The trade-down with the Jets is pretty substantial. This time, the team netted the 72nd overall pick, with the 112th thrown in for the trouble. Technically, this is an even more dramatic win than any of the others.

Luckily, the primary target for the pick is still there at 72. Before that, let’s look at the trades.

In essence, Pick 42 turned into Picks 72, 100, 112, 126, 129, and 133. That’s a net gain of 43 points on the Rich Hill chart, or about the value of the 100th pick.

By the analytics-oriented charts, these are massive wins – worth about 2,600 points on the second-contract-oriented Fitzgerald-Spielberger chart, which is the value of the second pick. That is, the second overall pick in the draft, not a second-round pick.

Let’s get some guys.

Round 3, Pick No. 72: Kamren Kinchens, S Miami (FL)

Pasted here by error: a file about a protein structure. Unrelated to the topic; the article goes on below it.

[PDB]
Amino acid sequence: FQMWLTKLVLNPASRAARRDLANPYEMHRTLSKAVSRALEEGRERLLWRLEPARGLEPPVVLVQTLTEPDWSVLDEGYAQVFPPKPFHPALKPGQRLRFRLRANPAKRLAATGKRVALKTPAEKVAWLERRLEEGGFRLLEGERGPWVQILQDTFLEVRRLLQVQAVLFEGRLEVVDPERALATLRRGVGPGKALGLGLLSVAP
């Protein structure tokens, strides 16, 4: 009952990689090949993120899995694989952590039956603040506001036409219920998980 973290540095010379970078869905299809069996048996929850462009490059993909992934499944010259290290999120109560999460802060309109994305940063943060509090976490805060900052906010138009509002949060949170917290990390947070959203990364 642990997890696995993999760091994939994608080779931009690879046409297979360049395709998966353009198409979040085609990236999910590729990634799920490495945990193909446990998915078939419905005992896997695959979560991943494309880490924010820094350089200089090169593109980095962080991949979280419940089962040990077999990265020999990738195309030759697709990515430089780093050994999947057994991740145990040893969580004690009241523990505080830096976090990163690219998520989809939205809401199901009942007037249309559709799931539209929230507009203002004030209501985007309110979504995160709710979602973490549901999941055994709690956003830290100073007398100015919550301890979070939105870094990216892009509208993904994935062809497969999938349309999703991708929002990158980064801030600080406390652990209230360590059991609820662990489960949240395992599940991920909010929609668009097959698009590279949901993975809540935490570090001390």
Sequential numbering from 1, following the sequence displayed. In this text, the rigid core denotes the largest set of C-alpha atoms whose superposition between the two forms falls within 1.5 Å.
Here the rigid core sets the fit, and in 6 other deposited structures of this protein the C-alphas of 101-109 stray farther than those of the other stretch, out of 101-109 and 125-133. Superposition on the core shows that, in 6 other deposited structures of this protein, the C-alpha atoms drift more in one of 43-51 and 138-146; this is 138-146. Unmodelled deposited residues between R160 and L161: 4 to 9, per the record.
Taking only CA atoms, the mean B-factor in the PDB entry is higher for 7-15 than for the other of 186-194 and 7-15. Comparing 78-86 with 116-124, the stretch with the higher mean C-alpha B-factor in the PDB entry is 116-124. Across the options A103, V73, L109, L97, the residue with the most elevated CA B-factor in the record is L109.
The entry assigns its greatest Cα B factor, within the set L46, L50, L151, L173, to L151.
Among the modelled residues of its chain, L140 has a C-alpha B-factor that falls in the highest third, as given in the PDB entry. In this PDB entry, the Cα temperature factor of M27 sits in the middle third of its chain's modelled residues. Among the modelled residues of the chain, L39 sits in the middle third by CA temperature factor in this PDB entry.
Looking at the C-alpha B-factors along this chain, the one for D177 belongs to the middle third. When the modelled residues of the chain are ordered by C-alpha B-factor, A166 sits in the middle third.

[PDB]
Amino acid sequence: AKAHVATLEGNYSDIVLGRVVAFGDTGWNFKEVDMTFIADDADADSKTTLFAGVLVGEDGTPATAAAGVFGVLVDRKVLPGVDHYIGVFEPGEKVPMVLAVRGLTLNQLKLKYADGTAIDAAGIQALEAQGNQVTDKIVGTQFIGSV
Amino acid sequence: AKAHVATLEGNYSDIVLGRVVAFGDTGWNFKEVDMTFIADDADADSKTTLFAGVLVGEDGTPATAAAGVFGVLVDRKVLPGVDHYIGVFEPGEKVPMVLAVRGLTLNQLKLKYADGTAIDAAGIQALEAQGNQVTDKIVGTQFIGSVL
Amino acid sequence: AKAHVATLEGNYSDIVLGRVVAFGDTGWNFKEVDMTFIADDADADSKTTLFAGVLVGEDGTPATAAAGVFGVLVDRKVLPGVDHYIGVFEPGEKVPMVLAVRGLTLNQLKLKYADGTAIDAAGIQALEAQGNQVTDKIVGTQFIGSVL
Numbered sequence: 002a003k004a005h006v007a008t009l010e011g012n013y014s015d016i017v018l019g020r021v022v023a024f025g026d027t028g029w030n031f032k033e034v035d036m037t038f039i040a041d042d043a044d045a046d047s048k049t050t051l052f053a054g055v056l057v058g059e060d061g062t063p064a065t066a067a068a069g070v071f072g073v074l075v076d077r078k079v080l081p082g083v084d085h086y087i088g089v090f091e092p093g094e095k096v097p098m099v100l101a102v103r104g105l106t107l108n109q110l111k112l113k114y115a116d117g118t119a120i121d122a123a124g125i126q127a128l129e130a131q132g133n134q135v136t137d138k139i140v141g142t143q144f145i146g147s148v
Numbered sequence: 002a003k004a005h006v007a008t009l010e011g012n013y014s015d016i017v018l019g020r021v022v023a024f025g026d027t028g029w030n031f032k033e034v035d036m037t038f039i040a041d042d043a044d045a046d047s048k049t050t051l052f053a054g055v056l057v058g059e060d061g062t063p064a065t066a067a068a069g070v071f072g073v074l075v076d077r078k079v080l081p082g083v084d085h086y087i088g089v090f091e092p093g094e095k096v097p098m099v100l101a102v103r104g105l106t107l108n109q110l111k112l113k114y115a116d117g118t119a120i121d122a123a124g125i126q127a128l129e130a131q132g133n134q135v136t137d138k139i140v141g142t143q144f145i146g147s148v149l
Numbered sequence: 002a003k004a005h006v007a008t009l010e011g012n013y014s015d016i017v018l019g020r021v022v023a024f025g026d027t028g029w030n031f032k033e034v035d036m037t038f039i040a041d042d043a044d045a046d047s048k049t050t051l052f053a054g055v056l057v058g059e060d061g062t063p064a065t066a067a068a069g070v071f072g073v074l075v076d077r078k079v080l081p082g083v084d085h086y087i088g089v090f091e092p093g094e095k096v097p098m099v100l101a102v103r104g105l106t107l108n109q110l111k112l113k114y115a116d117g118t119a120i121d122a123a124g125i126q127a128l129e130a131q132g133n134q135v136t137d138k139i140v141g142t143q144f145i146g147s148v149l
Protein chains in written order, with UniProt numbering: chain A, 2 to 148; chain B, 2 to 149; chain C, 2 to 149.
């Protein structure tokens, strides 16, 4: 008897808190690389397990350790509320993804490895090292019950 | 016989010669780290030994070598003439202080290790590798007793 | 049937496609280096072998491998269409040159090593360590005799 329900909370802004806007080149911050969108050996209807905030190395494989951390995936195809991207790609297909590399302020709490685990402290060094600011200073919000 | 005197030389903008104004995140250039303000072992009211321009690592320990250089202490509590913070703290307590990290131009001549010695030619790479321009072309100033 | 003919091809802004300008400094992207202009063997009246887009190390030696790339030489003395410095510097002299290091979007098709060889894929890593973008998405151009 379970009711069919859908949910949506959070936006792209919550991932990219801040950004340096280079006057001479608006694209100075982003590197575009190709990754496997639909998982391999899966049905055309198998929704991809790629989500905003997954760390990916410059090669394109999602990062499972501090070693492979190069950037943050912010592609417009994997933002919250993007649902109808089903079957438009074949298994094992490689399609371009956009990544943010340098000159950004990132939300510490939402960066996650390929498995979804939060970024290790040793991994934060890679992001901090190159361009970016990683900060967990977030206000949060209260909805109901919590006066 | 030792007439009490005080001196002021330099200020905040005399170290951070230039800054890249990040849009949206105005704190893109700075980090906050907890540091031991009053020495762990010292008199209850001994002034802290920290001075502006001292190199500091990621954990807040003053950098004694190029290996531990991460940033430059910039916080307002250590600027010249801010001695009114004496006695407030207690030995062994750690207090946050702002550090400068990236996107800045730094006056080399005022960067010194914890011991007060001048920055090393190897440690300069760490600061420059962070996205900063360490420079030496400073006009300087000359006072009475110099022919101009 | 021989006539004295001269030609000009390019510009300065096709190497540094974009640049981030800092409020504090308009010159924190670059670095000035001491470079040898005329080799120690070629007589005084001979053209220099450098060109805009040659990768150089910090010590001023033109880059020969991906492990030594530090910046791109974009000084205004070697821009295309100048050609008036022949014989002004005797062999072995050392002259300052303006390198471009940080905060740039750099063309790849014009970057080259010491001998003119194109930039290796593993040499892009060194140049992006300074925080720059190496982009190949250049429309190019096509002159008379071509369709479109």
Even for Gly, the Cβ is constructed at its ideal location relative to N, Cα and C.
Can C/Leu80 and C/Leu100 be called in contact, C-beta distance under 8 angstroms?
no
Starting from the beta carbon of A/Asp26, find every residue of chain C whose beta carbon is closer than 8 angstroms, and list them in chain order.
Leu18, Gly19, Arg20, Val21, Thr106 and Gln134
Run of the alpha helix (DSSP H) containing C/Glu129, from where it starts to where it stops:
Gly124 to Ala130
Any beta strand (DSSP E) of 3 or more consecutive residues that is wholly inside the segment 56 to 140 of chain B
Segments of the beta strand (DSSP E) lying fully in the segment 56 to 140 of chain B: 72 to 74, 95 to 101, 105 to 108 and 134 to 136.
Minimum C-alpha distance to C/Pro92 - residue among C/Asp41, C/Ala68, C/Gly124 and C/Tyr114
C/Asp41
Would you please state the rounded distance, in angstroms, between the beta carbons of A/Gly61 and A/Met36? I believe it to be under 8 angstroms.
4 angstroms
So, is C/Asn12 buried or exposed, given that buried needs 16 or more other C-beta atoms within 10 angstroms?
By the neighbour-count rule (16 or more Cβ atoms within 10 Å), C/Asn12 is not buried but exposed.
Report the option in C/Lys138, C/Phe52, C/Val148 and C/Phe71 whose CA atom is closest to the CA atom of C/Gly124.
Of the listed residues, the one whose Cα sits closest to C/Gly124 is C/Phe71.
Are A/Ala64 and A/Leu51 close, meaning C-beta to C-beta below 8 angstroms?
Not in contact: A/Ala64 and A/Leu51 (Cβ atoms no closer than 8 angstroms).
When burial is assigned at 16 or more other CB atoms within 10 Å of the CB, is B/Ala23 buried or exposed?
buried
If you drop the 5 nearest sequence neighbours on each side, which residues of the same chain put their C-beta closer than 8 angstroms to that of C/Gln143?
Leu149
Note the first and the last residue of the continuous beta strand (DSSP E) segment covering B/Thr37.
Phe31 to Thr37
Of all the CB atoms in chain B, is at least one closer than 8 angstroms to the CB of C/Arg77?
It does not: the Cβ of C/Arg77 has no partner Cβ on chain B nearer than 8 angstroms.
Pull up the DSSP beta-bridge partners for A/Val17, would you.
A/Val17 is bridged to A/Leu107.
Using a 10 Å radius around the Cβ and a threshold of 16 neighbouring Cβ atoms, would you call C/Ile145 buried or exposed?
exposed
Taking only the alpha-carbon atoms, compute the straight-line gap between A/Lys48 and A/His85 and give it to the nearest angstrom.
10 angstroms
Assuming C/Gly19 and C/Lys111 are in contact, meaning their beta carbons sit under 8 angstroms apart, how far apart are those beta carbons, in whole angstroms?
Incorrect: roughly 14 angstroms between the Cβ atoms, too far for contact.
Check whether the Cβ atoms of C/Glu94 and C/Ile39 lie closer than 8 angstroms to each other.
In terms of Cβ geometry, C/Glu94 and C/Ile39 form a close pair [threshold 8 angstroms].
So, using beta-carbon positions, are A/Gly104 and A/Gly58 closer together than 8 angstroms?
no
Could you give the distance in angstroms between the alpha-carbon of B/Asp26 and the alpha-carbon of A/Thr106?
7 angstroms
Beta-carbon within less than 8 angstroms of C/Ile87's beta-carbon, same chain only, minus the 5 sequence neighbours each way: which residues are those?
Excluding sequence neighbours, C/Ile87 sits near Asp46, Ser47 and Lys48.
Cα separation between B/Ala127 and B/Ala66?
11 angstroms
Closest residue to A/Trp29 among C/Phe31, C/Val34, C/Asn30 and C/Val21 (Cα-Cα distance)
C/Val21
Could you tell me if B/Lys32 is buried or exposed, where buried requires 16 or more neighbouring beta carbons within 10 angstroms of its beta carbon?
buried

Partially thanks to a relatively poor performance at the NFL Combine, it looks like the Vikings will get a discount on a safety who otherwise demonstrated excellent range in college, especially in 2022. Kinchens is a bit of a mystery given his high-level performance a year prior and poor performance in the 2023 season and 2024 combine. But at his best, his centerfield capability as a true high-safety and versatility as a slot and occasional box safety make him a big asset to a team that may need to invest more in the secondary.

Kinchens has a knack for finding the ball, excellent reaction speed, and is a fluid mover who hits hard. There’s room on the defense for that.

Round 3, Pick No. 100: Max Melton, CB Rutgers